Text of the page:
The Lost Time Accidents has that residual radiation of something consuming that its author had to expel, an experiment in form and craft that lingers upon completion.
While reading The Lost Time Accidents by John Wray, three other books came to mind. The first was Slaughterhouse Five. Vonnegut’s “Listen. Billy Pilgrim has come unstuck in time.” echoes in the complaint of Wray’s protagonist, Waldy Tolliver: “This morning, at 08:47 EST, I woke up to find myself excused from time.” The second was Michael Chabon’s The Amazing Adventures of Kavalier and Clay for its density of prose and polysyllabic heft. The third was Home Land by Sam Lypsite. Lypsite and Wray share a structure of time-stamping their chapters while their hyper-educated narrators tell their stories. But while time moves for Lypsite’s Lewis Miner, it is almost always 08:47 EST for Waldy Tolliver.
Being excused from time isn’t as delightful as it might sound. Tolliver is trapped in the Spanish Harlem apartment of his two dead aunts as time spins “like a galaxy around its focal hub – at the hub everything is quiet.” Trapped in this singularity, he makes his way to his aunt’s library, finds a ream of paper and begins to pen the history of his family and the obsession that has plagued generations: the lost time accidents. Simply put, the Toula-Silbermann-Tolliver clan is obsessed with the secret of time travel.
The story of the accidents begins in Moravia. It is 1903 and Waldy’s great-great grandfather Ottokar Toula is about to die. Ottokar doesn’t know this. He was just crossing the street, alight with the joy of an evening with his mistress and the satisfaction of a sudden creative breakthrough. A professional pickle merchant and amateur physicist, Ottokar has just scrawled down the answer to the great quandary he has shared with his sons like some family hobby. He has puzzled together something about the nature of time, but like his sons, we never find out what he posits for Ottokar is felled by an automobile. His cryptic notes are strewn on the snowy street. Not all are recovered.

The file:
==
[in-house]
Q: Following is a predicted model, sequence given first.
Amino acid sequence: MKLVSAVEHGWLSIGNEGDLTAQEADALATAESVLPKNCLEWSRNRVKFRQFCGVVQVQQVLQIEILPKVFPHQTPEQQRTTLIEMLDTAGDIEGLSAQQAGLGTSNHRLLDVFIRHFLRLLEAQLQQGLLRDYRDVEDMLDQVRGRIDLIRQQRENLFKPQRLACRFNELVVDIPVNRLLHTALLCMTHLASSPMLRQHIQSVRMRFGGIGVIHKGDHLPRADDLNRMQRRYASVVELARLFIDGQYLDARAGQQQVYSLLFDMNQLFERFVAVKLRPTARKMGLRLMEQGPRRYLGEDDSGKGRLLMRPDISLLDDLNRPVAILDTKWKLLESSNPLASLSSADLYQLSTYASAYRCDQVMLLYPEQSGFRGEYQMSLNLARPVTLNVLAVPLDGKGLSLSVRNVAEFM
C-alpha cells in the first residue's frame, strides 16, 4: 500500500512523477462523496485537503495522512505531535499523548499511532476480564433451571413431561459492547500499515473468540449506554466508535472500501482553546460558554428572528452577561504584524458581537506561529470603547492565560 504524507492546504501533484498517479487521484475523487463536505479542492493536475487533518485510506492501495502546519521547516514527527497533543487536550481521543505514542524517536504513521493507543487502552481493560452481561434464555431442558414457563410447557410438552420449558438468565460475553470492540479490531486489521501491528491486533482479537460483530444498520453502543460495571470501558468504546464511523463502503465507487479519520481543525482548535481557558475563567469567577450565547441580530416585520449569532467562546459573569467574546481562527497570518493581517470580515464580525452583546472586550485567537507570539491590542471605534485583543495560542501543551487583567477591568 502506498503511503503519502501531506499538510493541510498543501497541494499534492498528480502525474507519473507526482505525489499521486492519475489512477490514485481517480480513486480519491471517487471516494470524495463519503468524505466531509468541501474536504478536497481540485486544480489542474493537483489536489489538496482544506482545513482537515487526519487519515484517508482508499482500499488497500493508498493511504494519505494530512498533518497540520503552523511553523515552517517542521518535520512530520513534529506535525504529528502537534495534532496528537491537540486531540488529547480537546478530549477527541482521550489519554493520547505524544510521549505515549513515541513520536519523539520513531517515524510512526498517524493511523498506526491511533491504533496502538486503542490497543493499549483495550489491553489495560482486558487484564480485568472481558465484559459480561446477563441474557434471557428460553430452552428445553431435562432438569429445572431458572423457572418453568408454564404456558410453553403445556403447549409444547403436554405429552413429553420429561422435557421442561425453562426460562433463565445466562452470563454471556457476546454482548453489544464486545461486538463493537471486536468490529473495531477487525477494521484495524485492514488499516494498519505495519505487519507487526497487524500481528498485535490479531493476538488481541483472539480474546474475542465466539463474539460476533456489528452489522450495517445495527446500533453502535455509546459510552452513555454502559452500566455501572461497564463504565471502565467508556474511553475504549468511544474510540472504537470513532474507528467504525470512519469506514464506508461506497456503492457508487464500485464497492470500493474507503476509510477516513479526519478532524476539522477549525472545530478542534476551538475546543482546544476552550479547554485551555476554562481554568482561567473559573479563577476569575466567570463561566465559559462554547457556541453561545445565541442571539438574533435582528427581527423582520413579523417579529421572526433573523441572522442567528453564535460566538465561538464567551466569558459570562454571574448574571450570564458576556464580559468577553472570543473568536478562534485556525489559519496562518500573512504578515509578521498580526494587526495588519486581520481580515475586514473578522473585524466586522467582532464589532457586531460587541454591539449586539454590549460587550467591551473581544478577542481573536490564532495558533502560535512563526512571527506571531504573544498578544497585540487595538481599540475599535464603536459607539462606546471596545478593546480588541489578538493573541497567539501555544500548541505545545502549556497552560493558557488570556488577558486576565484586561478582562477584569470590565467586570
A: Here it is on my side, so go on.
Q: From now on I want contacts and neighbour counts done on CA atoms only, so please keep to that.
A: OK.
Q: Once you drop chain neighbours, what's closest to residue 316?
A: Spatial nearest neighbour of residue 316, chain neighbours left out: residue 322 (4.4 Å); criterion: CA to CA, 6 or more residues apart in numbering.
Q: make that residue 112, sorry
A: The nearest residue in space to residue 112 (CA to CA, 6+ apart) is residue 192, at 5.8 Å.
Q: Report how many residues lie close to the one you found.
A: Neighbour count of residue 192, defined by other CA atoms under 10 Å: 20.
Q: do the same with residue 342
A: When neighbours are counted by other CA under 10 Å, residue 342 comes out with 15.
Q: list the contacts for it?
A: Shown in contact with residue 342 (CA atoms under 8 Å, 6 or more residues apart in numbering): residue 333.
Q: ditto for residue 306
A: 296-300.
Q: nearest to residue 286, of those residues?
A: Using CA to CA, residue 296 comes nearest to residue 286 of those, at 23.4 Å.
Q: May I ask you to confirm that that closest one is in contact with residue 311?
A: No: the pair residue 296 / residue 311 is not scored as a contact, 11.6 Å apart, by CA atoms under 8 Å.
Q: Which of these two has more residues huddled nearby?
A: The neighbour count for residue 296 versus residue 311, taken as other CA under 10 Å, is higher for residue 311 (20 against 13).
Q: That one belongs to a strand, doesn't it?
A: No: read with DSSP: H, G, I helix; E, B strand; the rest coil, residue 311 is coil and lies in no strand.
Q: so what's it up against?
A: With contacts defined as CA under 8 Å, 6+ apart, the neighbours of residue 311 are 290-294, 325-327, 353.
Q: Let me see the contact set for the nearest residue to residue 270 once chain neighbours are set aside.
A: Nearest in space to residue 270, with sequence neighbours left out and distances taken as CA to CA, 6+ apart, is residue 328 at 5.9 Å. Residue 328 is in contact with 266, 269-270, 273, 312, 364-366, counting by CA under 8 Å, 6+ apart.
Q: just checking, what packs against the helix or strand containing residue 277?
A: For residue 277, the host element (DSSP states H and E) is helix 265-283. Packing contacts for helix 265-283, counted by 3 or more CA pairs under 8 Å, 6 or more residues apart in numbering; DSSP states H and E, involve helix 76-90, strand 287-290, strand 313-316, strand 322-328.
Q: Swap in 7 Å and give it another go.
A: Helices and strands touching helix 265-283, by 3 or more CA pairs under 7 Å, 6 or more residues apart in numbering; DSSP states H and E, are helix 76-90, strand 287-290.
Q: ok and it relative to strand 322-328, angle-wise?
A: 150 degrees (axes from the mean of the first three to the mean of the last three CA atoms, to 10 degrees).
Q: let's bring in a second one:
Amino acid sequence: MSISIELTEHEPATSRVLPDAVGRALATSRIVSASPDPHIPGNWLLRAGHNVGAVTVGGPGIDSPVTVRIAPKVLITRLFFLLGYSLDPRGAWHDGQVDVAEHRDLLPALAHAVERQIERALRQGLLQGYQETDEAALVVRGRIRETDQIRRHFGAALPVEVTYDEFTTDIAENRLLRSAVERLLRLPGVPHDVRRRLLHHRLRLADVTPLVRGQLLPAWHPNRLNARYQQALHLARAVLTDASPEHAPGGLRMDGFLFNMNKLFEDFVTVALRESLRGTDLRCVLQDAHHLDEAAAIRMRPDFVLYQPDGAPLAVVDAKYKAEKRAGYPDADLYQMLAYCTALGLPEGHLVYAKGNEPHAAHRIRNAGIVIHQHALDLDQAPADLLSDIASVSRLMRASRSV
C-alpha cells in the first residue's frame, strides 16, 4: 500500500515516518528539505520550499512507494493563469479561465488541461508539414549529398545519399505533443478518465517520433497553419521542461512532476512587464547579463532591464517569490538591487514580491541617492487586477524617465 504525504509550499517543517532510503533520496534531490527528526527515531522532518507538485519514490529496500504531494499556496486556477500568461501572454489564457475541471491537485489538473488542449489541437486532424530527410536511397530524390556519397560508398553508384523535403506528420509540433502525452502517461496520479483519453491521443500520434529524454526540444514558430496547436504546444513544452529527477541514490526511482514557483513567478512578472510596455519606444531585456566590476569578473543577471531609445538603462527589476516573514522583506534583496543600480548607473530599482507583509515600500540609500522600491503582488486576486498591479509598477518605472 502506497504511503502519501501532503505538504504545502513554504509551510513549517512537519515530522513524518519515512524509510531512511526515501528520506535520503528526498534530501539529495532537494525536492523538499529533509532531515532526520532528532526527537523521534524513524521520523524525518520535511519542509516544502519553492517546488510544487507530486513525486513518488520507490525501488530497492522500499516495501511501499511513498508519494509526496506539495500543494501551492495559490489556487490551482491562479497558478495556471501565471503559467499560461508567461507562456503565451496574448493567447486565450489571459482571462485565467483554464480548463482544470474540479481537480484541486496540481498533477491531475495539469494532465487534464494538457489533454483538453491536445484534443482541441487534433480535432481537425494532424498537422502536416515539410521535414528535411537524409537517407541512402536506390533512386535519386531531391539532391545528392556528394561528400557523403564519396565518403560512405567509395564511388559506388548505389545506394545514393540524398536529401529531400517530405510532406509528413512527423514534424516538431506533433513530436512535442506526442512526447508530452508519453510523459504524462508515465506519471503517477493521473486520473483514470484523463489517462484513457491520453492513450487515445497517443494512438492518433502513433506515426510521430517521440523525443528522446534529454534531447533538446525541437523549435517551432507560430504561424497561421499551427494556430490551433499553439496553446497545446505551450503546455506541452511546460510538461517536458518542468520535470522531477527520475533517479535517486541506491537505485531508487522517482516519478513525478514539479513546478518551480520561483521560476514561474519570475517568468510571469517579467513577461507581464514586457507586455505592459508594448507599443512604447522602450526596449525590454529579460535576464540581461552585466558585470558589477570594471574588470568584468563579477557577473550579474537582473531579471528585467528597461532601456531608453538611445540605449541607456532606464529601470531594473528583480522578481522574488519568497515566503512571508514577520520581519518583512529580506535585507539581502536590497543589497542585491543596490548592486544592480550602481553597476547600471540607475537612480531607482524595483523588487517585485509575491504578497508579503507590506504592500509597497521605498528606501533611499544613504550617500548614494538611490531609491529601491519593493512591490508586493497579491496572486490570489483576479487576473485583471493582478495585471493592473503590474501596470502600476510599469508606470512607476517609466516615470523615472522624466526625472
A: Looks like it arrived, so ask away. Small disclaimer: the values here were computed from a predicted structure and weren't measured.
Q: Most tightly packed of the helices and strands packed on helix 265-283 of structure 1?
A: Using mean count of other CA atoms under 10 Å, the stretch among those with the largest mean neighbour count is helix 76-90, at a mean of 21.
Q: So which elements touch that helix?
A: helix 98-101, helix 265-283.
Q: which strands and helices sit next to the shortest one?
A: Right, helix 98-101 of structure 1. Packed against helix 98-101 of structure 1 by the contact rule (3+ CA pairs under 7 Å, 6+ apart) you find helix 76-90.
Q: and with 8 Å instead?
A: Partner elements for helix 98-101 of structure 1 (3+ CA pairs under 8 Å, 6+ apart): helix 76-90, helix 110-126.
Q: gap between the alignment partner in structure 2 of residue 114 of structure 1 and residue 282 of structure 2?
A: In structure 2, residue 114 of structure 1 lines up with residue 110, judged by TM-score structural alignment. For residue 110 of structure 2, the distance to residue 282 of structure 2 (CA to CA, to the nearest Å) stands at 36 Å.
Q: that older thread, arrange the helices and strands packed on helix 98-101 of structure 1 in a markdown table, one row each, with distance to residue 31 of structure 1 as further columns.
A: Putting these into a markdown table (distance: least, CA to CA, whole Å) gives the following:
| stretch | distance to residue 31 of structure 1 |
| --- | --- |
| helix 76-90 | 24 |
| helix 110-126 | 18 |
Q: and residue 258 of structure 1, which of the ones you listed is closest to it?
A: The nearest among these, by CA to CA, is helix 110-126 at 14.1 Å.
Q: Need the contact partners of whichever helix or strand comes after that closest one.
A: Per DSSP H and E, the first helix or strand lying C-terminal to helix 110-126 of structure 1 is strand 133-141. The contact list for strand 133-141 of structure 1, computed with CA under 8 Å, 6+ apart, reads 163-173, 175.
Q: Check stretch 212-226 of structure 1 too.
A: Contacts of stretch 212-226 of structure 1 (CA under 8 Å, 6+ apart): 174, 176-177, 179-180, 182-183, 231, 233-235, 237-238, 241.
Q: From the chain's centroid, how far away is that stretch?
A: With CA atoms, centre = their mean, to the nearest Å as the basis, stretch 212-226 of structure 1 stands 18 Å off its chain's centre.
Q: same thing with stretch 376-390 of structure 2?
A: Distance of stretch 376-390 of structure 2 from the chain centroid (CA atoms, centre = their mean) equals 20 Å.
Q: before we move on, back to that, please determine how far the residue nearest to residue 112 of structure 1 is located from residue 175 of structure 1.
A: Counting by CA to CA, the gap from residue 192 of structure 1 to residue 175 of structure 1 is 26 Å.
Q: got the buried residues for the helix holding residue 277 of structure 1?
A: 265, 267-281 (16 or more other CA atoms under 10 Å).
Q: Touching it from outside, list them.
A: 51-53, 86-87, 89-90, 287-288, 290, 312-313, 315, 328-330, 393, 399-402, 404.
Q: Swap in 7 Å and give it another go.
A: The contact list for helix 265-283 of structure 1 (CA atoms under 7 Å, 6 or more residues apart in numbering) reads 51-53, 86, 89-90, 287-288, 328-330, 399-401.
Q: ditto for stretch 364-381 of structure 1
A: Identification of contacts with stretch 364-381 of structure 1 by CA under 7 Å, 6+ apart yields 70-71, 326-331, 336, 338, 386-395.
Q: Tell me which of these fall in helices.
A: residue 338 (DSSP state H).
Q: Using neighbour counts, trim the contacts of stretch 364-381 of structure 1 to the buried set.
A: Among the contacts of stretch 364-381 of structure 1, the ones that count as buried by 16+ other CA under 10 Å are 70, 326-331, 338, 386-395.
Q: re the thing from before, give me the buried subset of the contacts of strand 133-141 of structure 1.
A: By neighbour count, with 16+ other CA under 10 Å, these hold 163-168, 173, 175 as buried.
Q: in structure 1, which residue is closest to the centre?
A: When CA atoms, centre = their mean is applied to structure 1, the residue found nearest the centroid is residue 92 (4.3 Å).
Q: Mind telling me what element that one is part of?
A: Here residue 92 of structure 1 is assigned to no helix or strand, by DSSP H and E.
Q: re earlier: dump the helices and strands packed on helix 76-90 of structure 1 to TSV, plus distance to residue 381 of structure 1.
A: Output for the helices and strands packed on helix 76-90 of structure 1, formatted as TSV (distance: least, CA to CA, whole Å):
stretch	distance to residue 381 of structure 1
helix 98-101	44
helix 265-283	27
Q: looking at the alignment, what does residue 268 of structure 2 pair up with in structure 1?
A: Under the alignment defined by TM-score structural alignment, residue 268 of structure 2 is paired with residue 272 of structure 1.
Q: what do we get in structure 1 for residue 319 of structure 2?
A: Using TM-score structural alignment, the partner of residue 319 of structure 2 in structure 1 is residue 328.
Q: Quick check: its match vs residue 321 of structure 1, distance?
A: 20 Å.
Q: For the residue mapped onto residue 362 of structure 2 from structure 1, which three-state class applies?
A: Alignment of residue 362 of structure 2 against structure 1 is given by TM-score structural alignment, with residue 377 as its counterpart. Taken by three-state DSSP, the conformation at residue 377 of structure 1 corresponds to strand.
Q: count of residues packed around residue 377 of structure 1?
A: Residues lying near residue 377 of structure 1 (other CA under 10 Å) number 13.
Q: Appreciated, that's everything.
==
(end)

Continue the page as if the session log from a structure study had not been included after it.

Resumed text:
His sons, Kaspar and Waldemar (Waldy’s namesake), take up the mantle. They move to Vienna, a city brimming with ideas and discoveries that are altering man’s understanding of his place in the universe. Kaspar is slowly learning that he is a mediocre scientist while Waldemar is always a step behind Einstein. Waldemar eventually places his intellect in the service of the Nazis and performs experiments on prisoners in a concentration camp. Waldy believes his great uncle used time travel to escape retribution for his crimes and has set out to right this wrong.
Solving the puzzle of the accidents falls to Waldy’s aunts, Enzian and Gentian, in New York City of the 1960s (another time of tumultuous ideas), then to Waldy’s father – Orson Card Tolliver, a pulp science fiction writer whose work is used as the basis for a cult known as the United Church of Synchronology. To further complicate matters, the founder of the church, R.P. Haven, is the husband of Mrs. Haven, Waldy’s great love to whom he addresses so much of his family history.
This is not a book with an elevator pitch. It is a sprawling epic about the ghosts of the 20th century and metaphysical issues like the nature of love and time. Wray is an aggressively intelligent and clever writer at work blending science fiction, the historical epic and the philosophical manifesto into something seminal. David Mitchell’s Cloud Atlas, with its genre virtuosity, also comes in mind as a forebear when Wray inserts chapters of pulp sci-fi and a Didion-esque essay into his epic. But where Mitchell’s experiment in interlocking novellas was precise in its execution, The Lost Time Accidents can get lost in the density of its big ideas. It can be confusing at times, even dense, but Wray never commits the sin of monotony.
I don’t know if writers experience joy or mainly relief when the work gets done and the galleys printed. I do know ideas can be consuming until they finally reach the page. The Lost Time Accidents has that residual radiation of something consuming that its author had to expel, an experiment in form and craft that lingers upon completion. Like the singularity that confines Waldy Tolliver, it is “a point in spacetime where the laws of the cosmos have snapped.” And where there are no laws something wonderfully chaotic can flourish.